But Tuesday’s results are a sign that a significant portion of the electorate is wary of a strong push to the left of the party, including on priorities like Build Back Better, which feature strong provisions and other discretionary ones. that drive up the price. The concerns of more centrist Americans about a rush to spend taxpayers’ money, a rush to develop government, should not be dismissed.
On Tuesday, it wasn’t just about Republicans reclaiming electoral ground from Democrats. Even in many Blue enclaves, voters have shown interest in moving to the center. In Buffalo, NY, the Democratic socialist who defeated current mayor Byron Brown in the Democratic primary appears to be losing to Mr. Brown’s written campaign. In Minneapolis, a referendum to replace the police department with a Department of Public Security caught fire. In the New York mayoral race, voters went with Eric Adams, a moderate Democrat who ran with an emphasis on law and order. “Progressives on the ropes? ” request The Seattle Times, in a post-election article noting that “the most moderate and business-backed candidates in the city’s three most watched races have hit huge and possibly insurmountable tracks.”
Progressives have won notable victories for mayors of Boston, Cleveland and Pittsburgh. But the gradual victories in the deep blue cities are not proof of broad national support.
Many Americans, regardless of party, are concerned about crime, border security, and inflation. The high price of gasoline is particularly painful. More … than 60 percent of voters hold the Biden administration responsible for inflation. Polls show that many independents already believe the government is try to do too much to sort out the nation’s problems.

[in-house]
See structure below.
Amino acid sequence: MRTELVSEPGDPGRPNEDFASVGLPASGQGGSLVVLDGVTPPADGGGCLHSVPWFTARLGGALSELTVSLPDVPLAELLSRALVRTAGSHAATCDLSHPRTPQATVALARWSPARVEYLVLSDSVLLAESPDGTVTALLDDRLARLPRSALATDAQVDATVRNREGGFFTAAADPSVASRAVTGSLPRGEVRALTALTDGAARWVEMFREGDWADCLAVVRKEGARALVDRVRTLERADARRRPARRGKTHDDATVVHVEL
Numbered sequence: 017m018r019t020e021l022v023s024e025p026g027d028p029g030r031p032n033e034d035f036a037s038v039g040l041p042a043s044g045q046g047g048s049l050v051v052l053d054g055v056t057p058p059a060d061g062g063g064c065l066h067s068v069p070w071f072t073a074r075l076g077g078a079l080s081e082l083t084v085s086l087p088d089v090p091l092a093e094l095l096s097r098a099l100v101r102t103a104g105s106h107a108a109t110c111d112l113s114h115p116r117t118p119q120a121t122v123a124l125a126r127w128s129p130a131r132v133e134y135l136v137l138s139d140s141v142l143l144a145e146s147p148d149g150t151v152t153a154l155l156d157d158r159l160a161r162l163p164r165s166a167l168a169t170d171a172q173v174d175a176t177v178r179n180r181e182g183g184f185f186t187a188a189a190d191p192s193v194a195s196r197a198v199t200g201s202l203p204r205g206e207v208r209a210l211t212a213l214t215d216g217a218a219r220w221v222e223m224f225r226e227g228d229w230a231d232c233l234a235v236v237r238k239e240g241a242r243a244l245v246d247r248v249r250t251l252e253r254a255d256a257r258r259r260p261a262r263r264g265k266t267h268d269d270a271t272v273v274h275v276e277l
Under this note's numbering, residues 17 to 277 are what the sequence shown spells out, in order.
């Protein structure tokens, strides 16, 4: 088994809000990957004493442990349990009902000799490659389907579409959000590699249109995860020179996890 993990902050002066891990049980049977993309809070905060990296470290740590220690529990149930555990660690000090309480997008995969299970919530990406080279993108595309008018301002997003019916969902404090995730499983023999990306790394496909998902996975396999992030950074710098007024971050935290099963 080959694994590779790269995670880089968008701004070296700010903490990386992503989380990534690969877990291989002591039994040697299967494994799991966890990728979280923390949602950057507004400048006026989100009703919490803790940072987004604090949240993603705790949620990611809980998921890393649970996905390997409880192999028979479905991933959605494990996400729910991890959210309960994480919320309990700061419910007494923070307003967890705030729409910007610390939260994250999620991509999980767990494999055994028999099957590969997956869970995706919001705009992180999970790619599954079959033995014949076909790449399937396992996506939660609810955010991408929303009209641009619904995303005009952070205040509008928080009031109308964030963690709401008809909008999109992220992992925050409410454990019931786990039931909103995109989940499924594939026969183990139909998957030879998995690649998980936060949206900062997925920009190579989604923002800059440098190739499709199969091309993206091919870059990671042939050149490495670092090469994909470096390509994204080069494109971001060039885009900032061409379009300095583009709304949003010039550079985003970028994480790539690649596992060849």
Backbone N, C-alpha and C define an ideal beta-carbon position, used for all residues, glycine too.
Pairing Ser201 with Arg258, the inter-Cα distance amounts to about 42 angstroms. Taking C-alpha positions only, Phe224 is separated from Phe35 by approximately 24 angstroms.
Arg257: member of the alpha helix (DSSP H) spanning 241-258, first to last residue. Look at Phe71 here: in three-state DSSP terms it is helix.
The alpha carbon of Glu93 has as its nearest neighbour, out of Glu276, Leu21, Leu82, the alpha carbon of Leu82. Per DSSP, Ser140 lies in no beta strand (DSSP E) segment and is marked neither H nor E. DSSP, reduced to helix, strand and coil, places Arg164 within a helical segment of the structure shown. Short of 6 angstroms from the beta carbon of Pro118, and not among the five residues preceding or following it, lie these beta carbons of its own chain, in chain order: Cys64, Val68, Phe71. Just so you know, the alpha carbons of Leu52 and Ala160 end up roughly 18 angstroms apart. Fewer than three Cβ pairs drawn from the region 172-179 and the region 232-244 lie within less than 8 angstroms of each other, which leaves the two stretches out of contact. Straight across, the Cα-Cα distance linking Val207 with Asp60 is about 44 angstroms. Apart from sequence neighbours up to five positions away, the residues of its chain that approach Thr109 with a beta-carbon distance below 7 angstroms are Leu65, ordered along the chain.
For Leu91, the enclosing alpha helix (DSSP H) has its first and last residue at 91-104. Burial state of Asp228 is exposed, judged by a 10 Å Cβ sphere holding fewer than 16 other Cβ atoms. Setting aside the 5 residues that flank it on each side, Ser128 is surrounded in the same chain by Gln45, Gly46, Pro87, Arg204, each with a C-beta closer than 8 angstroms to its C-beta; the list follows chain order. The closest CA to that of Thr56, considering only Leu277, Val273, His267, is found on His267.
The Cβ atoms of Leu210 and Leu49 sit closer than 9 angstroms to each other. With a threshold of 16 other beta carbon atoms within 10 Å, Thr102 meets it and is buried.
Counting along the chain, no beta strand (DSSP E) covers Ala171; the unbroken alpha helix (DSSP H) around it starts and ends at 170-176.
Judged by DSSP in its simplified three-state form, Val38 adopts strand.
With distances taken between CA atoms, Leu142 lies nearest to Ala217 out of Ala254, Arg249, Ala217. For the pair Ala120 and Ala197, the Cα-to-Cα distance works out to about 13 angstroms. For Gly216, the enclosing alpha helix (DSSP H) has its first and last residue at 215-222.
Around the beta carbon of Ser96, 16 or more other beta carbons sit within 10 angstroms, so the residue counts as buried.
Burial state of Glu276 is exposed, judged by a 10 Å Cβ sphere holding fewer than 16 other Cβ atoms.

For many voters – especially those who do not vote regularly – the 2020 election was aimed at removing Mr. Trump from the White House. It was less a question of politics or ideology. Mr Biden did not win the Democratic primary because he promised a progressive revolution. There were plenty of other candidates doing that. He won the nomination – and the presidency – because he promised an exhausted nation a return to sanity, decency and competence. “Nobody elected him FDR,” Representative Abigail Spanberger, a moderate Democrat from Virginia, told The Times after Tuesday’s beating. “They elected him to be normal and to stop the chaos.”
Democrats should work to implement policies to help the American people. Congress should focus on what’s possible, not what would be possible if Joe Manchin, Kyrsten Sinema and – frankly – a host of lesser-known moderate Democrats who haven’t had to vote on policies they could to oppose were not in power.
Democrats agree much more than they disagree. But that doesn’t sound like voters after months and months of party wrangling. Now is the time to focus on – and adopt – policies with broad support. Or risk being kicked out of the office.